I’m a psychologist who works with children, teens, and their families. Earlier in my career, when I was a 26 or 27-year old psychologist, folks would look down their noses at me and ask, in a clearly judgmental tone, “Do you have any children?” as if to imply that I couldn’t possibly know what I’m talking about unless I had children. I used to feel sort of threatened by that question because I would think, “How can I know what it’s like? I don’t have children, they’re absolutely right.” However, for the first five years of my practice, I wasn’t married, either, and I did do marital therapy. Occasionally, a couple would ask me, in that same condescending tone, if I was married. Again, I would feel somewhat insecure for a moment, ready to believe that if I wasn’t married, I had no business coaching couples on how to improve, maintain, or repair their relationships. I would always cling to the idea that I still had the education and the credentials that made me perfectly qualified to do marital therapy as well as parent coaching, regardless of my life experiences. I told myself that I would simply have to wait until I became married or a parent to see if I could truly ‘practice what I preach.’
I am now well past my 10th wedding anniversary and I am very aware that the first few years are probably always the best, so the fact that I’m having a satisfying marriage is not proof, in my opinion, that we’re on the right track. However, I am following all the advice that I’ve been giving to clients since 1995 and I still stand by that advice. The only thing that’s changed is that I have a much clearer idea of how hard it is to actually follow that advice. I already knew that it was hard, I could see my clients struggle to do it. Now I’m just sure that I was right when I told them it was going to be hard. This has given me a new take on the “You don’t have kids?” question as well. No, I still don’t have children. However, I now feel much more confident that my advice is probably sound, as was the advice I was giving about marriage. At least I have had numerous opportunities to try out the techniques I recommend to parents, on their very own children.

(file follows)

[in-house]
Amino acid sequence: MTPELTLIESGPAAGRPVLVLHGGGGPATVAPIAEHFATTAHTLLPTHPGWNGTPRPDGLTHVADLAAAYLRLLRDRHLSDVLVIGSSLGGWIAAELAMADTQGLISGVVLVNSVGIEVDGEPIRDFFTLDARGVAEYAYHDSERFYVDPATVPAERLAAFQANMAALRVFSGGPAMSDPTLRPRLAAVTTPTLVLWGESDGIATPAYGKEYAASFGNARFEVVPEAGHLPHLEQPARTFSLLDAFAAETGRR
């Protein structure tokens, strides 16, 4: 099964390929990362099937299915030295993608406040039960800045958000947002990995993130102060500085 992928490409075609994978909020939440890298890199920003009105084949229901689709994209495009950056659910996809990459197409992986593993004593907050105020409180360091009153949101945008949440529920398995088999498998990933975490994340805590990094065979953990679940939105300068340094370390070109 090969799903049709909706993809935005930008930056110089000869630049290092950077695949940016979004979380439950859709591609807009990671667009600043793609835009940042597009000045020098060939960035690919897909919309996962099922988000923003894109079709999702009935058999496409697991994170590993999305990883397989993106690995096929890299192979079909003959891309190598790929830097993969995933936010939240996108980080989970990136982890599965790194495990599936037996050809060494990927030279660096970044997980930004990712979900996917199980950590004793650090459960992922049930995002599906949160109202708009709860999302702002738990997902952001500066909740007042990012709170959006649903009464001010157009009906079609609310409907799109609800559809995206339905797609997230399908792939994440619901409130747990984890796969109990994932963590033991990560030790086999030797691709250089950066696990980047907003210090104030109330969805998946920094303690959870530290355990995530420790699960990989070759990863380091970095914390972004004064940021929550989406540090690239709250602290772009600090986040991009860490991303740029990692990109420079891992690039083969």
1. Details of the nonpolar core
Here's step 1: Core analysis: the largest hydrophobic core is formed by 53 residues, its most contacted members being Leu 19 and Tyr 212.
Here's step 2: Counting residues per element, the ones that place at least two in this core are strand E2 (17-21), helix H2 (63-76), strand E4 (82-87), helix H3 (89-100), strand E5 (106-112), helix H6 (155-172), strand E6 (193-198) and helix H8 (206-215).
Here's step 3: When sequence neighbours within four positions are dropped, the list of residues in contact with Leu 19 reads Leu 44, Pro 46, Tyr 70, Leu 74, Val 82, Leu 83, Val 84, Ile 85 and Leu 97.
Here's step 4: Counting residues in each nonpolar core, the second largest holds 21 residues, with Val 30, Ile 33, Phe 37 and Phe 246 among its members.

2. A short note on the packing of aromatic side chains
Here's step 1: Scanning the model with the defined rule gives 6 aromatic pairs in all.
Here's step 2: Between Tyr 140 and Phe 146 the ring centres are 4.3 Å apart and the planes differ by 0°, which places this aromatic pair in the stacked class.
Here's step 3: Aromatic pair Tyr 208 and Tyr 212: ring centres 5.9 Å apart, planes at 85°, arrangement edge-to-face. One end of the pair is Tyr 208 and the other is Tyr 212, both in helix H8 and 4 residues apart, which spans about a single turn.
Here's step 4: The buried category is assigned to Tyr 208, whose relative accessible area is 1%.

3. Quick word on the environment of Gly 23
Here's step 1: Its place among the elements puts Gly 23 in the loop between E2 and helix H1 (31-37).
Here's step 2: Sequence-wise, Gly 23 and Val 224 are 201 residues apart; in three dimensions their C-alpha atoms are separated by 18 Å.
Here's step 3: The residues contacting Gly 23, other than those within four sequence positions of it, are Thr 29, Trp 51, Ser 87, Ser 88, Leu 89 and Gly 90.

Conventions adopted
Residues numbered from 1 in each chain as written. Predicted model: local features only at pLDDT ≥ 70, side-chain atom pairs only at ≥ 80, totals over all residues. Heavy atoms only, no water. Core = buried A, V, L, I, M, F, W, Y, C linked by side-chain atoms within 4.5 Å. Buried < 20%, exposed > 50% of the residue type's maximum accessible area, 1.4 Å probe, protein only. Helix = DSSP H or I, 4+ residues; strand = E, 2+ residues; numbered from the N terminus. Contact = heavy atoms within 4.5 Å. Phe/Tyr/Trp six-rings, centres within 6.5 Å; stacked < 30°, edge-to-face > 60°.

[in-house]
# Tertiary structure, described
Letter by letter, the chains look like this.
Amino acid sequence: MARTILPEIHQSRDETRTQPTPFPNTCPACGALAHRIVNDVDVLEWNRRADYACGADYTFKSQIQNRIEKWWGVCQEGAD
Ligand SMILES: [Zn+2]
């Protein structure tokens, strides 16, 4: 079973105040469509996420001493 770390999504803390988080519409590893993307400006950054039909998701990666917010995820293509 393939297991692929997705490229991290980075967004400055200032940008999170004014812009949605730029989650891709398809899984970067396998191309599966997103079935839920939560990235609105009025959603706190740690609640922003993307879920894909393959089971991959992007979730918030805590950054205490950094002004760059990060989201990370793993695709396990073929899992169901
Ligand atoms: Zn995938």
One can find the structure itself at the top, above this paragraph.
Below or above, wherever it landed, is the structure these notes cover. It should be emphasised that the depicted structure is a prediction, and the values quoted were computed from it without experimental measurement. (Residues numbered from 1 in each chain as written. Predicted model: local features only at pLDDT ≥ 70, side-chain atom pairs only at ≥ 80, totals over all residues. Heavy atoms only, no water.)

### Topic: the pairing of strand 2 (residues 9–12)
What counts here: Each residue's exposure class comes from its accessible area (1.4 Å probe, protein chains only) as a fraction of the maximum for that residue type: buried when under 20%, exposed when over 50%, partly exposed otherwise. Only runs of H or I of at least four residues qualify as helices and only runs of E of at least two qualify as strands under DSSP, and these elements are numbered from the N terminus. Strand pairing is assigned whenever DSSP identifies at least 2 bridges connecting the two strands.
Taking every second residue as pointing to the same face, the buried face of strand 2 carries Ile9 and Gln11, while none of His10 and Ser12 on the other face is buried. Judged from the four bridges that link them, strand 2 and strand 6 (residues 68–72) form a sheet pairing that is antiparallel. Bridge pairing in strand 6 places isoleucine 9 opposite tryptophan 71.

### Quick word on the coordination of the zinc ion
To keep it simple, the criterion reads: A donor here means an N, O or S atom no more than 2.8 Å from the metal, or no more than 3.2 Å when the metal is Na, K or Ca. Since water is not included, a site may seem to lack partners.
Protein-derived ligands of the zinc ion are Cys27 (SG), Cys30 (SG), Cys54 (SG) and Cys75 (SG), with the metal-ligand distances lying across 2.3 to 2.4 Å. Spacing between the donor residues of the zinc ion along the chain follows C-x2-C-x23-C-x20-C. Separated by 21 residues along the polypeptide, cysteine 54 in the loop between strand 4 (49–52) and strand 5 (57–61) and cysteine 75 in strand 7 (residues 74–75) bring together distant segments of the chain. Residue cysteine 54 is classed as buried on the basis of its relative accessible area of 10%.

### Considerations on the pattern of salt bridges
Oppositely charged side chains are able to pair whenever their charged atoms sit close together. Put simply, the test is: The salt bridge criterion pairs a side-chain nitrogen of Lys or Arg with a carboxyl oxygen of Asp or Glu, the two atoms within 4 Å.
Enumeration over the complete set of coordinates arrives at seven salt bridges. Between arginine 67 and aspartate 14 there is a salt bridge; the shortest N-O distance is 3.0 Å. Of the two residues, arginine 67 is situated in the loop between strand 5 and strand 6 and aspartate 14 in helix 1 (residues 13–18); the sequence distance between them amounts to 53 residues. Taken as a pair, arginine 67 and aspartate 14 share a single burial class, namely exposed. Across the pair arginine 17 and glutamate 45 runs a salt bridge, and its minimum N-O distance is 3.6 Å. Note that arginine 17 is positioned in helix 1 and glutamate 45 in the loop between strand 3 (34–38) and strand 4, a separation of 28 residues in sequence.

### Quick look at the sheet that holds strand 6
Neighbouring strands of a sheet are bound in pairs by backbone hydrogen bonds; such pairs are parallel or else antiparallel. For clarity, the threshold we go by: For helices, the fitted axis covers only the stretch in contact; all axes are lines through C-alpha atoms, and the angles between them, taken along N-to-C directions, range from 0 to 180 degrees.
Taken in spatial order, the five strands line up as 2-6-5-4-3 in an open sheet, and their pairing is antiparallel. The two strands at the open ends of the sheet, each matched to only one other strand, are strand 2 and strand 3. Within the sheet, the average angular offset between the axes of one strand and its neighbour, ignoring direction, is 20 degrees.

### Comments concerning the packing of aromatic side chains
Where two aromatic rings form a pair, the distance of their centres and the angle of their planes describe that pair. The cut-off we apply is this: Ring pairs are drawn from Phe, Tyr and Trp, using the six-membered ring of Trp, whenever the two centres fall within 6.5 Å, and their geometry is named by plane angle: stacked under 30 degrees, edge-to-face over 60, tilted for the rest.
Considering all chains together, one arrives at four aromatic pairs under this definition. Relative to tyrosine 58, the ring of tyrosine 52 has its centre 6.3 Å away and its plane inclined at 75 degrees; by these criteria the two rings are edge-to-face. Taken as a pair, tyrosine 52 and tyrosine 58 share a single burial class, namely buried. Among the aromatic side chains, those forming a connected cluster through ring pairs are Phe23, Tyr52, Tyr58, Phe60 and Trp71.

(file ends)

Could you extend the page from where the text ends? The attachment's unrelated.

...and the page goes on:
Now that I have dispatched the insecurity I had about not being married and not having kids and yet, giving out marital and parenting advice, other thoughts now occur to me. Are all gynecologists or obstetricians female? Have all oncologists had cancer? Does your mechanic own the same kind of car you have? Has your orthodontist ever worn braces? Has the clerk at the bookstore read every book she recommends? Has your waitress actually eaten everything on the menu? No. Why doesn’t that bother us? Because good training and common sense can be enough. One does not need life experience in everything to be a good teacher, coach, or therapist. Experience generally enhances the skills of an adequately trained individual, but it is not necessary. It is possible that a lack of experience can indicate good judgment. For example, I wasn’t married until I was over 30 years old. Does that mean I lacked marital experience or, perhaps, does that mean that I lacked divorce experience? I still don’t have any children. Does that mean that I lack parenting experience or that I lack unplanned family experience? Therefore, when you shop around for a therapist, experience is one thing to take into consideration, but do not fail to take into consideration what the lack of certain experiences can mean in terms of common sense and good judgment.